'Digital Estate' Is Easy Way to Take on Finances After Family Death

‘Digital Estate’ Is Easy Way to Take on Finances After Family Death

(MainStreet) — Elderly Americans and their adult children just aren’t on the same page on issues, and that can lead to a big legal and financial mess if an older passes away.

According to Fidelity Investments2014 Intra-Family Generational Finance Study, a clear majority of U.S. families have a hard time discussing estate planning issues, which can cause both parties to feel stressed over family money matters in the future.

Fidelity says:

  • “64% of parents and children disagree about the right timing for these conversations to occur. Parents would prefer to wait until after retirement, while their adult children want these conversations to happen well before their parents retire or experience health issues.”

Read More: 5 Totally Obvious Things to Do to Stop Worrying About Retirement

  • “The majority (75%) of adult children and their parents agree it is important to have frank conversations about wills and estate planning, elder care and covering retirement expenses — however, these conversations often lack depth.”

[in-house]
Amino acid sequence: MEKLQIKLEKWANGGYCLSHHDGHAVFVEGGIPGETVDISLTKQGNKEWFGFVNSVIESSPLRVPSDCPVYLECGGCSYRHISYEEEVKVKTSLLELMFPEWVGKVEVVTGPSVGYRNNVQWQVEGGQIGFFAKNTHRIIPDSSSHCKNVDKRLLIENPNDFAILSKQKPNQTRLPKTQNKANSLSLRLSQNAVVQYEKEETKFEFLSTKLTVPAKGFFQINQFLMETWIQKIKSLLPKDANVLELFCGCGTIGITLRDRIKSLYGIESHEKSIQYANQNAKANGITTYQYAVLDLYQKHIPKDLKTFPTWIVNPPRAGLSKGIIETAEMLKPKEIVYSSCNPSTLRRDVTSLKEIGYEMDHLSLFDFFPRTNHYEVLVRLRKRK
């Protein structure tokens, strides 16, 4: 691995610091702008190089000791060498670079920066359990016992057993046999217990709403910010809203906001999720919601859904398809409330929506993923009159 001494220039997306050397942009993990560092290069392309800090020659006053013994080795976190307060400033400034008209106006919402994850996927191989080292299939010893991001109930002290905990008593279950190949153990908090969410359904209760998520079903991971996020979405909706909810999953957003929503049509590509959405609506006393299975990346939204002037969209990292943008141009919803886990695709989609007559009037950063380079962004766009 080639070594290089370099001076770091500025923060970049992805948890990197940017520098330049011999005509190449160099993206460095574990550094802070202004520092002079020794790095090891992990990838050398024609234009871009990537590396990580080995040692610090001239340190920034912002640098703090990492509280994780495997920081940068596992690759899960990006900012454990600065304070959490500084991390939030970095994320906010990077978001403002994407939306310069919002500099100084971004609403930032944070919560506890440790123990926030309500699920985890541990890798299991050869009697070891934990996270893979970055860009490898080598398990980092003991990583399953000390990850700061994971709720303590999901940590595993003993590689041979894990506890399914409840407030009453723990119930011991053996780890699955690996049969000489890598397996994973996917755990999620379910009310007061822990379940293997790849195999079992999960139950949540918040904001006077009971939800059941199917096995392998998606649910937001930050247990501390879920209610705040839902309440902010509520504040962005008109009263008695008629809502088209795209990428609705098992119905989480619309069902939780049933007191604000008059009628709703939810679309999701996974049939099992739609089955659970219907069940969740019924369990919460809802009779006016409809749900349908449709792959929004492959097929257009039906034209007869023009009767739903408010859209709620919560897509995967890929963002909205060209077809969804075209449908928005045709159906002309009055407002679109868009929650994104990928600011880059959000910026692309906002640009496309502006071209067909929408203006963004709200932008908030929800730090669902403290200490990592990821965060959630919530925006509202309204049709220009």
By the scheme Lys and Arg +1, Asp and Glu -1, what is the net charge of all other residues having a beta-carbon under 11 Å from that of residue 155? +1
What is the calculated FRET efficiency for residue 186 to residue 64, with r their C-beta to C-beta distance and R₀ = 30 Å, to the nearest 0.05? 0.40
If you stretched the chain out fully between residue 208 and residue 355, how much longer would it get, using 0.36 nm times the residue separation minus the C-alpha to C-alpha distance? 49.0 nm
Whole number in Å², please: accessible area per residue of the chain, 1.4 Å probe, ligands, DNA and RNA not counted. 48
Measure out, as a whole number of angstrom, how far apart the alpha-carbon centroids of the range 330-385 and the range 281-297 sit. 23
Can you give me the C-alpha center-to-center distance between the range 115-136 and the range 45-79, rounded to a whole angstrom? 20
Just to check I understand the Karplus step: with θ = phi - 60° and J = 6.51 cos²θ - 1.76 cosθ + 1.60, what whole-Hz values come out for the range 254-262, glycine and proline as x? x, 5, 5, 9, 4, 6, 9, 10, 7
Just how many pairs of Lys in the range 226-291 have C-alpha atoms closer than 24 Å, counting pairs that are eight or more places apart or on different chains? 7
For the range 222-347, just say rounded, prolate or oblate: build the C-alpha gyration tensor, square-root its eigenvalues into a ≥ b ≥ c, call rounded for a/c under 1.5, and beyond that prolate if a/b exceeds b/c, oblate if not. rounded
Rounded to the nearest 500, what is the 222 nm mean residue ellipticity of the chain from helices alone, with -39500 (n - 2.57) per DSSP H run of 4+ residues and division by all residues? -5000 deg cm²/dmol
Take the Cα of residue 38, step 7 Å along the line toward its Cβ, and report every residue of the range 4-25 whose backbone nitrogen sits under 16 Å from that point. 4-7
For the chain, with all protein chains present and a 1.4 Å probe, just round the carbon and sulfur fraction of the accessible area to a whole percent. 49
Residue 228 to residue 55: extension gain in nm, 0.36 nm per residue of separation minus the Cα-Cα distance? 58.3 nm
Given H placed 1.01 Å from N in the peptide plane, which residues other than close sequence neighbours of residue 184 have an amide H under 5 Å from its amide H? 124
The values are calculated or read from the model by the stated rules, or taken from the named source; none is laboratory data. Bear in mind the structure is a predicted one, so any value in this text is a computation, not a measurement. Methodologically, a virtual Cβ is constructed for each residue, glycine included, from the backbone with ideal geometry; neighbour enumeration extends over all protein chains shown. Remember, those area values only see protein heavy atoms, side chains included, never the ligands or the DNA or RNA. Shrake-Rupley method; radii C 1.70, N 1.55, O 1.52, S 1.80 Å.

One big step in fixing the disconnect is to have parents and children agreeing on a — a mechanism in which both parties have access to passwords for the elderly parent’s financial accounts, among other key checklist items.

New Year’s is a good time to have that conversation, as it can set the tone for better estate planning discussions for the year, says David Walters, a certified financial planner and certified public accountant at Portland, Ore.-based Palisades Hudson. You don’t want disaster to strike if the head of the household passes away unexpectedly and you don’t have the user names and passwords needed to access the deceased’s financial account, he says.



Main curator on Digitaldeathguide. Supported by a bot. Some articles may need to be weeded, don't hesitate to tell me !